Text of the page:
Note if you are using VS 2013 with the v120_xp platform toolset to target Windows XP, you'll actually be using the Windows 7.1A SDK and #include <VersionHelpers.h> won't work. You can of course use VerifyVersionInfo directly.

The other major use of GetVersionExW is diagnostic logs and telemetry. In this case, one option is to continue to use that API and make sure you have the right manifest entries in your application to ensure reasonably accurate results. See Manifest Madness for details on what you do here to achieve this. The main thing to keep in mind is that unless you routinely update your code, you will eventually stop getting fully accurate information in a future version of the OS.

Note that it is recommended you put the <compatibility> section in an embedded manifest whether or not you care about the results of GetVersionEx as general best practice. This allows the OS to automatically apply future appcompat fixes based on knowing how the app was originally tested.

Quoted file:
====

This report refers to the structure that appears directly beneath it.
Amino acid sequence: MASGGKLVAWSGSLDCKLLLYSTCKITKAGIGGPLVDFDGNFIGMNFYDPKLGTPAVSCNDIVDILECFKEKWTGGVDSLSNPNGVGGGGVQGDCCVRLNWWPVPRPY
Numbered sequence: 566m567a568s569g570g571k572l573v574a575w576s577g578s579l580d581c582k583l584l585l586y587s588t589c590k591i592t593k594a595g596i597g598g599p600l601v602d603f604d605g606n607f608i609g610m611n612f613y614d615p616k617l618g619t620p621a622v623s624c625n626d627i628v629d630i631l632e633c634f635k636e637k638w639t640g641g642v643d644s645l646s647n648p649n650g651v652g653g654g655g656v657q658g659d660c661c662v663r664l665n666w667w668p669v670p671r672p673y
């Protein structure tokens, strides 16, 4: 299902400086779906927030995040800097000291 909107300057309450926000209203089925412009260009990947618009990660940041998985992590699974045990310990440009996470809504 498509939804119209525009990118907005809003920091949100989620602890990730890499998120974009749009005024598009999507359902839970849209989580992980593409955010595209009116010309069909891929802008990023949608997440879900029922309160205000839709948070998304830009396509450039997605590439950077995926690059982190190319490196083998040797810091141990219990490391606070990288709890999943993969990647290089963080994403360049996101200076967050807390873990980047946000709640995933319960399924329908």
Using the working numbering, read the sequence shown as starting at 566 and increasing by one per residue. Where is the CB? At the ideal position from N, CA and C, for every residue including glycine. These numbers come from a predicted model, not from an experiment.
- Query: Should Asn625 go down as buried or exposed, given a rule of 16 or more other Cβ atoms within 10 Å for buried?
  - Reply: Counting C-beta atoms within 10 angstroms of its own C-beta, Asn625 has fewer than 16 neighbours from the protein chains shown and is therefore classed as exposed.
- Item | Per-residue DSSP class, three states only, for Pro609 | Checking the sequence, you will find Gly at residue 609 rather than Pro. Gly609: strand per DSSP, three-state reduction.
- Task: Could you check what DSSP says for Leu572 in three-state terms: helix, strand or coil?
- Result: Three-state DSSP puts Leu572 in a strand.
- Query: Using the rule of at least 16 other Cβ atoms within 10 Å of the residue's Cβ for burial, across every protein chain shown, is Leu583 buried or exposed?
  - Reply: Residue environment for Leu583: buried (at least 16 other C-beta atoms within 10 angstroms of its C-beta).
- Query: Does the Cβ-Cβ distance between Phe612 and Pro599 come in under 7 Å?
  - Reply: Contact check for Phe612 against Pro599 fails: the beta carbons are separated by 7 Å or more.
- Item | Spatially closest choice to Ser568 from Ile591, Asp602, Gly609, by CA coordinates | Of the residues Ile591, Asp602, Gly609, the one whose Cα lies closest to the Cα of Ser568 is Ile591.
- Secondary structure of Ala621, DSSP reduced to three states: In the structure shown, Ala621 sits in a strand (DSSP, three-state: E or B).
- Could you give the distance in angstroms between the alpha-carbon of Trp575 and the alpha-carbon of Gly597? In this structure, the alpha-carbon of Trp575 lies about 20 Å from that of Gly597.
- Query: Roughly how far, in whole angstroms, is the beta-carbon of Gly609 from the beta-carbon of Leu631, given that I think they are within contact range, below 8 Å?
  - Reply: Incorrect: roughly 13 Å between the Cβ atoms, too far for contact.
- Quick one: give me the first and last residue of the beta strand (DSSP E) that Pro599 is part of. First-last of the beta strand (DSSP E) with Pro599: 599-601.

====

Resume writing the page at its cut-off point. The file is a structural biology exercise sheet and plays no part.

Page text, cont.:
For diagnostic logs, another approach that might be a bit more robust is to grab the version number out of a system DLL like kernel32.dll using GetFileVersionInfoW. This approach has a major caveet: Do not try parsing, doing comparisons, or making code assumptions based on the file version you obtain this way; just write it out somewhere. Otherwise you risk recreating the same bad OS version check problem that is better solved with VerifyVersionInfo. This option is not available to Windows Store apps, Windows phone apps, etc. but should work for Win32 desktop apps.

#include <windows.h>
#include <stdint.h>
#include <memory>

#pragma comment(lib, "version.lib" )

bool GetOSVersionString( WCHAR* version, size_t maxlen )
{
    WCHAR path[ _MAX_PATH ];
    if ( !GetSystemDirectoryW( path, _MAX_PATH ) )
        return false;

    wcscat_s( path, L"\\kernel32.dll" );

    //
    // Based on example code from this article
    // http://support.microsoft.com/kb/167597
    //

    DWORD handle;
#if (_WIN32_WINNT >= _WIN32_WINNT_VISTA)
    DWORD len = GetFileVersionInfoSizeExW( FILE_VER_GET_NEUTRAL, path, &handle );
#else
    DWORD len = GetFileVersionInfoSizeW( path, &handle );
#endif
    if ( !len )
        return false;

    std::unique_ptr<uint8_t> buff( new (std::nothrow) uint8_t[ len ] );
    if ( !buff )
        return false;

#if (_WIN32_WINNT >= _WIN32_WINNT_VISTA)
    if ( !GetFileVersionInfoExW( FILE_VER_GET_NEUTRAL, path, 0, len, buff.get() ) )
#else
    if ( !GetFileVersionInfoW( path, 0, len, buff.get() ) )
#endif
        return false;